Jane Wheel is an "antique picker." She finds old stuff for people who want them and will pay lots of money to have them. She does this part-time, the other part being an associate to an ex-cop-turned-private detective, Bruce Oh.
While visiting her brother Michael for the first time in years, she finds out from him that people have him confused with someone who looks exactly like him - well, almost. And that people think he conned them with selling fake stuff. And are willing to do him some harm because of it. And that the real con man, whoever he is, lives very close to Jane herself. So, she has decided that when she goes back home, she will locate the duplicate and tell him to stop selling junk.
Only it doesn't work out that way. While trying to find out who the con man, Honest Joe, really is, she finds out a lot of other things. Things about her family that she never knew. Relatives her mother, Nellie, never told her about. And someone is willing to kill to make sure that she never finds out the truth. So, while Jane and her friend Tim prepare a friend's home for a sale, they notice things just Aren't What They Are Supposed to Be. And things only go downhill from there.
This book started out okay, but I just really couldn't get all that interested in it. Jane is supposed to be an "antique picker," as I stated, but I think the better term would be "hoarder." They do television shows about people like her. People who keep safety pins because "they're pretty." People who collect old dog dishes. People who have floor-to-ceiling boxes of junk. Which are junk, since she doesn't do anything with them except collect them. Don't get me wrong; everyone collects something. I collect things. But only one or two things. Not dozens of things. And you can walk through my house without thinking you'll be buried alive. From the description of Jane's personal space, a good earthquake and you'll never find the body. I could be wrong, but my own opinion. That alone bothered me, because I hate clutter.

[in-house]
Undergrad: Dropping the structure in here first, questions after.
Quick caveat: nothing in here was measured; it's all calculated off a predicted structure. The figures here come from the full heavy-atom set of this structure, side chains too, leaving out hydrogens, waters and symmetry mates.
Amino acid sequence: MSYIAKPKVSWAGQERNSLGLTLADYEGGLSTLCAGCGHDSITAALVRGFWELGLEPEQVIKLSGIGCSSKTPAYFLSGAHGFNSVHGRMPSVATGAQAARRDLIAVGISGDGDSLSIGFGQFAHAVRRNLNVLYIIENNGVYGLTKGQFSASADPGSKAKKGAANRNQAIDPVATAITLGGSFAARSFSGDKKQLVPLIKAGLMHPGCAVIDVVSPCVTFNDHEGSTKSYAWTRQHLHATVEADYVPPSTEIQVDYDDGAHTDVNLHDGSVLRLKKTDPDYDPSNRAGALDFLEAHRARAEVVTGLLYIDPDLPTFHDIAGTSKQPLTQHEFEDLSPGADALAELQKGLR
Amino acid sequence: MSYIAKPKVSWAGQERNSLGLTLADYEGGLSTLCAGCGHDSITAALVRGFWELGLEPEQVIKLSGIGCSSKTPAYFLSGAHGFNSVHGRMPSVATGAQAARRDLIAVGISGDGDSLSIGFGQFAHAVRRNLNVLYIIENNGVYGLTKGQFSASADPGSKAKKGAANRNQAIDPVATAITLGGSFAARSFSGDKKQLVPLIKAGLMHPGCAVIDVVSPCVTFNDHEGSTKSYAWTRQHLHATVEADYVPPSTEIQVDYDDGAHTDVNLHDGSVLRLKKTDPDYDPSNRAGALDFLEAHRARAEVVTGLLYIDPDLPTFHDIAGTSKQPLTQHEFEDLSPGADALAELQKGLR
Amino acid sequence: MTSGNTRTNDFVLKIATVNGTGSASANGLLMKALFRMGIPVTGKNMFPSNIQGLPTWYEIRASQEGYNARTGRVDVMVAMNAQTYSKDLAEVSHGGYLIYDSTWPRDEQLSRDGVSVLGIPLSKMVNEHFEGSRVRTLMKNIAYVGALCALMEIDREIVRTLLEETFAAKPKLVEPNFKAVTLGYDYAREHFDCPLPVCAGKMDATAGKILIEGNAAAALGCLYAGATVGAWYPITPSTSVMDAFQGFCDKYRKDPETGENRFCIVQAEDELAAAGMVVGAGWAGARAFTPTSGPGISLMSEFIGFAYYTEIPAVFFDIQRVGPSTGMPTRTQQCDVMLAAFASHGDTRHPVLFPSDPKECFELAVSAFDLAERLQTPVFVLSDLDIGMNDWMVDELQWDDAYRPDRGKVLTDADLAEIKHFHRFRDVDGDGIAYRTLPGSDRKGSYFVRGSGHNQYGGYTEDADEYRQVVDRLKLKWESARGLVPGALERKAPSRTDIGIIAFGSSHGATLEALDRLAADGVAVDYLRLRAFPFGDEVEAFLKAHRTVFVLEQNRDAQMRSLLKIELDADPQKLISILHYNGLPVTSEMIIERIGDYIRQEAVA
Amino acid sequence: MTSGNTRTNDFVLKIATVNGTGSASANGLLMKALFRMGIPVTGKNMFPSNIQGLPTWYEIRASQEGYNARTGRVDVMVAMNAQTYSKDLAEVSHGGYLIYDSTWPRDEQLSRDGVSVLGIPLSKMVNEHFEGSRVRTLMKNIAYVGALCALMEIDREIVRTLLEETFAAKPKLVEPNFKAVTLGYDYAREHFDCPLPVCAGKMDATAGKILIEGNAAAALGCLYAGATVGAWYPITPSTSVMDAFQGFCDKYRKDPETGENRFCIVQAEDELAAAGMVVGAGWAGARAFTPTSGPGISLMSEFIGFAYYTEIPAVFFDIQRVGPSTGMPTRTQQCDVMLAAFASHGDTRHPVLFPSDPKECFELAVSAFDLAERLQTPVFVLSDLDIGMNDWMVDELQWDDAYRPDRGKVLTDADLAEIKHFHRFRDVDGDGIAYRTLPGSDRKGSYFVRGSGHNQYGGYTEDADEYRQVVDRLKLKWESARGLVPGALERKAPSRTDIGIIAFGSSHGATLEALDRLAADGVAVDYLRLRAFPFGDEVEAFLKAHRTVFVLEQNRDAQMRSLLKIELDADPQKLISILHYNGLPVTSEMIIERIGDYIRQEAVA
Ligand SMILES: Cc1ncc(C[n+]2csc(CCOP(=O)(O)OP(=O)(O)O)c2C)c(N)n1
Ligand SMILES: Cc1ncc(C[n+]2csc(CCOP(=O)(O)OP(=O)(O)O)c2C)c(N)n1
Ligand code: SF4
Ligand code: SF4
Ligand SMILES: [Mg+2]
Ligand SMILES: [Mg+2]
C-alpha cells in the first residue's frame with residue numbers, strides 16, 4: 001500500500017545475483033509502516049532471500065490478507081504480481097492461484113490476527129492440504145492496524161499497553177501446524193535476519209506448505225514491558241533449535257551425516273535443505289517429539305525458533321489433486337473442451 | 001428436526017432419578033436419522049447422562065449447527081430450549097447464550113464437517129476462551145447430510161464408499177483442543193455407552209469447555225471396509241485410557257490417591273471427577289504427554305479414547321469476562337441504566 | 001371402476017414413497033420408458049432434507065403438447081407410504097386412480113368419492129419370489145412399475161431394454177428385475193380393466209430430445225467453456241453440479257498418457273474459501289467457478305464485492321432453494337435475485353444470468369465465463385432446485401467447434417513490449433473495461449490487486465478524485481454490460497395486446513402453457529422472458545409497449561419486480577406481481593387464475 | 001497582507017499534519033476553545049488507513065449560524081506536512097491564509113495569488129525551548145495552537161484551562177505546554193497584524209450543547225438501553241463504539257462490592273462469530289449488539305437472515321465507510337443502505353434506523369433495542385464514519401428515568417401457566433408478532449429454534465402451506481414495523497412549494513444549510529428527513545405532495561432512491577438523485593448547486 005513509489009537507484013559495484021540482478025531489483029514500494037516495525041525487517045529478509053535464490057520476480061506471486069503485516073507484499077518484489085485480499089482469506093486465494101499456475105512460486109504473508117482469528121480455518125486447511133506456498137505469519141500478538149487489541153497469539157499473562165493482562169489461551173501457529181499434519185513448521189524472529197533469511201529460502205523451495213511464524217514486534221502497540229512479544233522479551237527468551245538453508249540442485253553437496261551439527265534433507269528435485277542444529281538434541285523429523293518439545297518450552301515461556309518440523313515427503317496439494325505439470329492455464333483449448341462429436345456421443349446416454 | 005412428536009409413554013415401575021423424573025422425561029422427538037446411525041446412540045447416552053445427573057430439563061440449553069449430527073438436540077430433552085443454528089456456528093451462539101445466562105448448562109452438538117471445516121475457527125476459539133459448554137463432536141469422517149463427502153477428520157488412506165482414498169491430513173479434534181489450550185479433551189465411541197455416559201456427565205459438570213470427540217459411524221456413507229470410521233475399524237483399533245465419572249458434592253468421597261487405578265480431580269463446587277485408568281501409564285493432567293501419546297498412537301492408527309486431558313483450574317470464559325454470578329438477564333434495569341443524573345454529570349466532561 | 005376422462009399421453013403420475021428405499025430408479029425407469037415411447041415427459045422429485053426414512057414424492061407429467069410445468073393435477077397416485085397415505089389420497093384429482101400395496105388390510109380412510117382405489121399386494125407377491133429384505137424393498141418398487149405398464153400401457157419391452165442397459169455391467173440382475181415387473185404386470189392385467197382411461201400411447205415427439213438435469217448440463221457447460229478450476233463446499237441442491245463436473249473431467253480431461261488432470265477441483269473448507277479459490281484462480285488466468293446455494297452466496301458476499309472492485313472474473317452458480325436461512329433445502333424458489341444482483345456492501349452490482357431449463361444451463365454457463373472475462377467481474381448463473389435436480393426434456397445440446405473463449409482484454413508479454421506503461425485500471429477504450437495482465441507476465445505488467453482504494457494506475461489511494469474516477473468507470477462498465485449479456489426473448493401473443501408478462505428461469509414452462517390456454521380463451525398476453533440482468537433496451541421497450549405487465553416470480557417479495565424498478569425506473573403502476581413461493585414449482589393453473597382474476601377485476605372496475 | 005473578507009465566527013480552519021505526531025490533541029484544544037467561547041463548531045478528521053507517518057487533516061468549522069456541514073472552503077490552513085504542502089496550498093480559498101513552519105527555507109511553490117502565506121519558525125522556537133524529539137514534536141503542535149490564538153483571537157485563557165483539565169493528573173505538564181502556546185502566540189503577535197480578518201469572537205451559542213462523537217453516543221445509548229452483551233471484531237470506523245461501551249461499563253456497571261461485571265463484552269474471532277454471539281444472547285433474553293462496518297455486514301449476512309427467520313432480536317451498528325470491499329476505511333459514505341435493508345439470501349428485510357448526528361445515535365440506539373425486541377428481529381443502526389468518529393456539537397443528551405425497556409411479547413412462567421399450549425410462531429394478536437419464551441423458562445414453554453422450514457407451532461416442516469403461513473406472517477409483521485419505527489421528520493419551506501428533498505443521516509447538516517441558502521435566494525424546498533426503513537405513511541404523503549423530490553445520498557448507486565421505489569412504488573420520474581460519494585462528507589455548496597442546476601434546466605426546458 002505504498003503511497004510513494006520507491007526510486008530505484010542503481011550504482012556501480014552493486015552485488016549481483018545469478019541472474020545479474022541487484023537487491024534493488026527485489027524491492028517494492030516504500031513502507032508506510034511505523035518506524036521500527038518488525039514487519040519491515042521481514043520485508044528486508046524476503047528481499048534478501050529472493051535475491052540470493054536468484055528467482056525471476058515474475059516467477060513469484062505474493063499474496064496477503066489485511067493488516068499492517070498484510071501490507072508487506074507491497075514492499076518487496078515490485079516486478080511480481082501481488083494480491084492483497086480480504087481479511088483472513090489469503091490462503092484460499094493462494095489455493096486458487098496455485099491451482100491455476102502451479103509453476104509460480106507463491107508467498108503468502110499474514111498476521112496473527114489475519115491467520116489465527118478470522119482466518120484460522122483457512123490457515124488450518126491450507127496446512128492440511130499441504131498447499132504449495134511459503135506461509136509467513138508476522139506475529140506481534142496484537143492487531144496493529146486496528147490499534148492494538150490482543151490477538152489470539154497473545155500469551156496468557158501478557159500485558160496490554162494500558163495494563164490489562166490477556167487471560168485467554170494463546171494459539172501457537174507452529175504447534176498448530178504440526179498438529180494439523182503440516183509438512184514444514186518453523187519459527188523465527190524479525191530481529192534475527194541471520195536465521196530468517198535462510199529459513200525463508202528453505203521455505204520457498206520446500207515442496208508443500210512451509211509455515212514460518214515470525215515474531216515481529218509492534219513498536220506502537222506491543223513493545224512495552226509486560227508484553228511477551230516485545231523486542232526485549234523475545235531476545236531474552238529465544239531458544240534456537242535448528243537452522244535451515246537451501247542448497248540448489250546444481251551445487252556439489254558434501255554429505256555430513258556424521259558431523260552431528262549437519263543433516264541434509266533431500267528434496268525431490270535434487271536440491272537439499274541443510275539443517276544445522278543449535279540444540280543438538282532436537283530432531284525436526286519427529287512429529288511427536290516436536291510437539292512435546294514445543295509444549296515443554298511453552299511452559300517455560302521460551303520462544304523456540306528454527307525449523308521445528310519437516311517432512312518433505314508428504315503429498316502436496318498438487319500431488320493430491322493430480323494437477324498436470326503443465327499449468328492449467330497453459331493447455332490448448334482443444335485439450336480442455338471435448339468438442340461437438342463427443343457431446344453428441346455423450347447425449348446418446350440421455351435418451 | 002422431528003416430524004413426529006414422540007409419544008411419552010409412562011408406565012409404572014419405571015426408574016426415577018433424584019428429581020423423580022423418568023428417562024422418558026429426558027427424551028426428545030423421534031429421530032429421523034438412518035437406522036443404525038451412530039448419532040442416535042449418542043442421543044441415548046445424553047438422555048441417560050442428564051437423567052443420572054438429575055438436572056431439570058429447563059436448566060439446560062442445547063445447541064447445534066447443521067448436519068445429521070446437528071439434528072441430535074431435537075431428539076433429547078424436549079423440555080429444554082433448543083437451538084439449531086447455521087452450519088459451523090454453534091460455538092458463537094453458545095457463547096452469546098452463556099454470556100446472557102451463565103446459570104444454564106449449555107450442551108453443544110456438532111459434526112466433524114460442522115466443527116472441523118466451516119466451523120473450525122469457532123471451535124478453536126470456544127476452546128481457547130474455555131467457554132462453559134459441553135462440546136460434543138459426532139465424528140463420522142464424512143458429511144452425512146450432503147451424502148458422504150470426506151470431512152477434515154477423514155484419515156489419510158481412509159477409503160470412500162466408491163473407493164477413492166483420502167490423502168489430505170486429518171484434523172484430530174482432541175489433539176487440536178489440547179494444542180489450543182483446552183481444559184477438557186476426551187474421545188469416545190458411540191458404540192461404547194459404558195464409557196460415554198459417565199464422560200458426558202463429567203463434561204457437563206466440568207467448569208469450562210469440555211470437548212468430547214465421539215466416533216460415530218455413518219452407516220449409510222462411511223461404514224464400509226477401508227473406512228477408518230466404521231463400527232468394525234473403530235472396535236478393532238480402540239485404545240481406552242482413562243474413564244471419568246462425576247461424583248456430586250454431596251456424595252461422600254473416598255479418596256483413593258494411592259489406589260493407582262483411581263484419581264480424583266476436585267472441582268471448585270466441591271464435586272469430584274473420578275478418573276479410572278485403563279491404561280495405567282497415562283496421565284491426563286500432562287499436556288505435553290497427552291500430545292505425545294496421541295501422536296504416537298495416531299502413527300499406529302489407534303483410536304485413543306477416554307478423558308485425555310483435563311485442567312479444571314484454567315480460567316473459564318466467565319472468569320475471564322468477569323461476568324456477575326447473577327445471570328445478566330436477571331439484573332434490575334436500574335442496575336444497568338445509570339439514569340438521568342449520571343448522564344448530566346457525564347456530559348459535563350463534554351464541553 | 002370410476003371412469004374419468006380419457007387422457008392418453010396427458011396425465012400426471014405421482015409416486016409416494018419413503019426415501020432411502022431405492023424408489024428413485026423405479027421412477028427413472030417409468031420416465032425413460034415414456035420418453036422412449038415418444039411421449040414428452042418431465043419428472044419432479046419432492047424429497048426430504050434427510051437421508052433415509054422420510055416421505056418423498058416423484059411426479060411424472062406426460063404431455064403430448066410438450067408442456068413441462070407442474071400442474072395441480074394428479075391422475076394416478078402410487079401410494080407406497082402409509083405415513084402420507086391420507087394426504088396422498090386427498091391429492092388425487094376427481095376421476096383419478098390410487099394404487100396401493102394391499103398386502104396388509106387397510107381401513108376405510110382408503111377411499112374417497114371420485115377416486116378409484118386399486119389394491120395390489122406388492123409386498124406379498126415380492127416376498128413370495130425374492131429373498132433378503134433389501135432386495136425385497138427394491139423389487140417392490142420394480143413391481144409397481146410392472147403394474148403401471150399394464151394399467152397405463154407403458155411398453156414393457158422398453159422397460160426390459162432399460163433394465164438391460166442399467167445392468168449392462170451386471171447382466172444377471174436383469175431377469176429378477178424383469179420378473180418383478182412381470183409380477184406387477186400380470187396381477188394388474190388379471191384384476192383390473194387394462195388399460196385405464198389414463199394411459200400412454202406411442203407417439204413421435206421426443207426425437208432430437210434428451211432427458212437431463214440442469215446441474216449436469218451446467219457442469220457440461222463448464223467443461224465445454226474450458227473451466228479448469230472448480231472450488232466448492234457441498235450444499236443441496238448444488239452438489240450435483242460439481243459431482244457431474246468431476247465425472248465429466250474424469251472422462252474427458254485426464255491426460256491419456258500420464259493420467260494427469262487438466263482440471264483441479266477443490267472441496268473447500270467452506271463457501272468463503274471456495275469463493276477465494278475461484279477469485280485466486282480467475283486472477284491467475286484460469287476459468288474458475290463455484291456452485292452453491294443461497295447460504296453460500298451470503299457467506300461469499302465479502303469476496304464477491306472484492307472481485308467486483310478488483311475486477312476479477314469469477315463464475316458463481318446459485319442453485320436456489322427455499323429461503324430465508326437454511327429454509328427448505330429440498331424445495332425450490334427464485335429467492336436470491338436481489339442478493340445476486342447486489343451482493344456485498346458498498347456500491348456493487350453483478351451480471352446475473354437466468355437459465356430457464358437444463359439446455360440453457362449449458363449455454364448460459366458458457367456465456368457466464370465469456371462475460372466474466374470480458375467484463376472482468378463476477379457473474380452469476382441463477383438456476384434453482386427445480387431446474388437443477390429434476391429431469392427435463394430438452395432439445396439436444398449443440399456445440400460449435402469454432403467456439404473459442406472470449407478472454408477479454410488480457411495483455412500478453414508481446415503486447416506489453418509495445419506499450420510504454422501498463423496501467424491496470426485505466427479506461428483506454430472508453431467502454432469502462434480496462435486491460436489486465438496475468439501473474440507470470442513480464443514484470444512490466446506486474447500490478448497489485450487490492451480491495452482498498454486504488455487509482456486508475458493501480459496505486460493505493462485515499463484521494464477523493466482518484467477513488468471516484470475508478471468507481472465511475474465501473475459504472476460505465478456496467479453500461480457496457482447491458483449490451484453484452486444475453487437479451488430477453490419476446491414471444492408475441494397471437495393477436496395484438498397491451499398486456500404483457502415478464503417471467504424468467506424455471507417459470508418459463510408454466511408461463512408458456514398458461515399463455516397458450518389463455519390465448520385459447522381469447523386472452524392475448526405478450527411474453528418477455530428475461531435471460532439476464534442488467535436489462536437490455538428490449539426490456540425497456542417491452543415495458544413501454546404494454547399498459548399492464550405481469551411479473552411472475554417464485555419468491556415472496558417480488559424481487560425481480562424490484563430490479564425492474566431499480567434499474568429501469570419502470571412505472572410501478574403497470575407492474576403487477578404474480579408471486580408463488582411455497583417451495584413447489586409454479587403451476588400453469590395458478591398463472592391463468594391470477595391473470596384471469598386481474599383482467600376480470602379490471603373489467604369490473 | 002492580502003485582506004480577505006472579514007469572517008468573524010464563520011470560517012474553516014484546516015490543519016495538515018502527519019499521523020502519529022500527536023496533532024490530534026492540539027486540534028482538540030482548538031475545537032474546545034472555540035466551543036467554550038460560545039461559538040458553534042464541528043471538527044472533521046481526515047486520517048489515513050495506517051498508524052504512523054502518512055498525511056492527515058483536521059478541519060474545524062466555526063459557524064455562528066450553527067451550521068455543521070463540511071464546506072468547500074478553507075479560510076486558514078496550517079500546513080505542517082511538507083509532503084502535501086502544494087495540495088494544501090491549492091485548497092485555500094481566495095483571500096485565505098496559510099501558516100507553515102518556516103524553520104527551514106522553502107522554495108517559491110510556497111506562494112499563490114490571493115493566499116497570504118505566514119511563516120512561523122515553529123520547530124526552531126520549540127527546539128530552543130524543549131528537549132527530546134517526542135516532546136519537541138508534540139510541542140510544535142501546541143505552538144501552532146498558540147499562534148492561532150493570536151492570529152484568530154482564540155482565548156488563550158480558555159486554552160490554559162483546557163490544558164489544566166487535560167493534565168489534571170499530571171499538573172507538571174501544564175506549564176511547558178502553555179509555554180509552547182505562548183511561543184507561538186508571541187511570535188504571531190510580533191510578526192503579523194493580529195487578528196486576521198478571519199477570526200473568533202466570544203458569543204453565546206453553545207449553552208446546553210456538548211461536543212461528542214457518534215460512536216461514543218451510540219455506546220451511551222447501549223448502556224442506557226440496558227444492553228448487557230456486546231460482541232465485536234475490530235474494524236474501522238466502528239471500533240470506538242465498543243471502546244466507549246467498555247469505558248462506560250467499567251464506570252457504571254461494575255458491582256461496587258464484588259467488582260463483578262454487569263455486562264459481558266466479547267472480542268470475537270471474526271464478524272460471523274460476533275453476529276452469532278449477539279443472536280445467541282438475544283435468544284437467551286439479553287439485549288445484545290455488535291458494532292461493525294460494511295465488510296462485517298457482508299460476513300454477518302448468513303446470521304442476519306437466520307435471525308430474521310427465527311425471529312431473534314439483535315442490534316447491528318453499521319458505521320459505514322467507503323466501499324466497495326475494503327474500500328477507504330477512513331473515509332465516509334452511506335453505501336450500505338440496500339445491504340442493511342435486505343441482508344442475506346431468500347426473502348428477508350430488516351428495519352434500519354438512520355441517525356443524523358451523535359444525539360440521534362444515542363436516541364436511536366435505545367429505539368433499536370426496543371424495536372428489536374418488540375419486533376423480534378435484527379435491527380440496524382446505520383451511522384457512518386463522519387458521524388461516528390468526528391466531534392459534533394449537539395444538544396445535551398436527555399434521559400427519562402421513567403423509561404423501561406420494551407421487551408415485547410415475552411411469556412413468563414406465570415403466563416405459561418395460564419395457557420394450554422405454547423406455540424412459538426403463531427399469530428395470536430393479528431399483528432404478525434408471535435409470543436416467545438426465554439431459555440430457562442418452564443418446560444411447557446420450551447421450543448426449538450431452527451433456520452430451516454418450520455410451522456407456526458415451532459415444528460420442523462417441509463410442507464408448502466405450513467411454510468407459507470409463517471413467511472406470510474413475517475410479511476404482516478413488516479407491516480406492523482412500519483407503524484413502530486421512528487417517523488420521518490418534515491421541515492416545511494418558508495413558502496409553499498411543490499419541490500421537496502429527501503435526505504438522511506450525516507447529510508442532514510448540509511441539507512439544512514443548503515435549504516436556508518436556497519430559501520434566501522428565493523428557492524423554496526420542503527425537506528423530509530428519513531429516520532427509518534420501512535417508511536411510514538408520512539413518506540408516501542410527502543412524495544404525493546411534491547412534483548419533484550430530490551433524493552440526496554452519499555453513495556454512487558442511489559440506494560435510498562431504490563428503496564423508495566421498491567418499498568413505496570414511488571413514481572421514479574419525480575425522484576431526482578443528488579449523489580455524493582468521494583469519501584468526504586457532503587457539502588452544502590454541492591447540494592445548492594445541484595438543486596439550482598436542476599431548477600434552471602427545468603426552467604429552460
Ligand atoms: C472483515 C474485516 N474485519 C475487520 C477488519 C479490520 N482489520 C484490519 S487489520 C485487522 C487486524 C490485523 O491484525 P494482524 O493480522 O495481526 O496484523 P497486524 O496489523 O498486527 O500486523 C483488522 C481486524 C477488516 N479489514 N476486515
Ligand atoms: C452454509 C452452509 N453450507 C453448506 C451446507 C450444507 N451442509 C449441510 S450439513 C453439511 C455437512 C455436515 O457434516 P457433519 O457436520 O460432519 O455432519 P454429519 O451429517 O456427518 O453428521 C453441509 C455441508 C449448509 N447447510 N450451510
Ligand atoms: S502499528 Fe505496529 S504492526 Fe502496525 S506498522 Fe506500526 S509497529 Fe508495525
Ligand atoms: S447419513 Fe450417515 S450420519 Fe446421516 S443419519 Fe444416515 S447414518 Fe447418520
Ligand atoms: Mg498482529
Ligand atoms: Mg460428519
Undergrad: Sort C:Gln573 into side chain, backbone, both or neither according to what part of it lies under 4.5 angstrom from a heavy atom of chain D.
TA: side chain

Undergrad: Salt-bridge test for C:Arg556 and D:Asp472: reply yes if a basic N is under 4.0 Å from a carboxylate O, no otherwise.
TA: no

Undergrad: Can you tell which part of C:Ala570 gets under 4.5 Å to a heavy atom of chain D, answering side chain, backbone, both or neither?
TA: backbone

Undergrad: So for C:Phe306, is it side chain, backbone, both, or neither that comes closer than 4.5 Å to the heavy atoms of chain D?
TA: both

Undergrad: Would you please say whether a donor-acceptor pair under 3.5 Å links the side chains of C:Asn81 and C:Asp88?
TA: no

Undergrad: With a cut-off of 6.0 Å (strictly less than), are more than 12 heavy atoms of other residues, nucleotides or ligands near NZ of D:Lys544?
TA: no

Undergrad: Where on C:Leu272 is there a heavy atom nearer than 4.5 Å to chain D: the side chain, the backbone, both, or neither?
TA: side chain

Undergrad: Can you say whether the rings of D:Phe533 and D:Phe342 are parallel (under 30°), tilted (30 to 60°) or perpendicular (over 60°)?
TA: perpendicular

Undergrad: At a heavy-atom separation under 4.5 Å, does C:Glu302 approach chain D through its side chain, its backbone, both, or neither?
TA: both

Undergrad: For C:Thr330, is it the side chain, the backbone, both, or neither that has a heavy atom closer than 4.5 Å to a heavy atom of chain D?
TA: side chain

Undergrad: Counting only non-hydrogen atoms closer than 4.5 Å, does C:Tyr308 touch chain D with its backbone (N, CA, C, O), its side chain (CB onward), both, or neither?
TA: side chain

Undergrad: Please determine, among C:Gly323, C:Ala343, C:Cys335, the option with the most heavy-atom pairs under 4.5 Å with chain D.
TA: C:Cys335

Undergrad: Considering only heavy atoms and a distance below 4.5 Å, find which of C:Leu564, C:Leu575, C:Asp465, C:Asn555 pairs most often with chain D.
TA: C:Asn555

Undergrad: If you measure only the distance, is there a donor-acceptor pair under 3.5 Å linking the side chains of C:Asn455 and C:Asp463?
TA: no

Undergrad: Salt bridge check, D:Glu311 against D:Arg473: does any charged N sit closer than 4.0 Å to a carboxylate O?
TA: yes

I also thought it was odd that her husband, an archaeologist (I think, since she didn't mention him a lot), spends weeks, sometimes months, out of the country and she's okay with this. Maybe it works for her; but I think if I were married to an archaeologist, I would probably want to at least spend some time with him in his part of the world, so I would at least be able to build a close relationship with him. I didn't feel there was any closeness between them, because her son Nick was with his dad, Charley; and she missed Nick, but Charley seemed like an afterthought. I began to wonder why they were married at all.
I guess I just thought Jane Wheel is a strange duck: a hoarder in a long-distance relationship that she could just go about doing whatever it was she did without having to worry about another human being. You want to like the main character, or at least have sympathy for them, but I did neither. She didn't really think ahead, just plunged into situations.
The mystery itself could have been better, since the situations seemed a little off-the-wall. When the killer was finally revealed, you would have thought that before acting, they would have done a little more homework to make sure that what they were planning would have worked out. It just didn't make any sense. If you've read the book, you'll know what I'm talking about.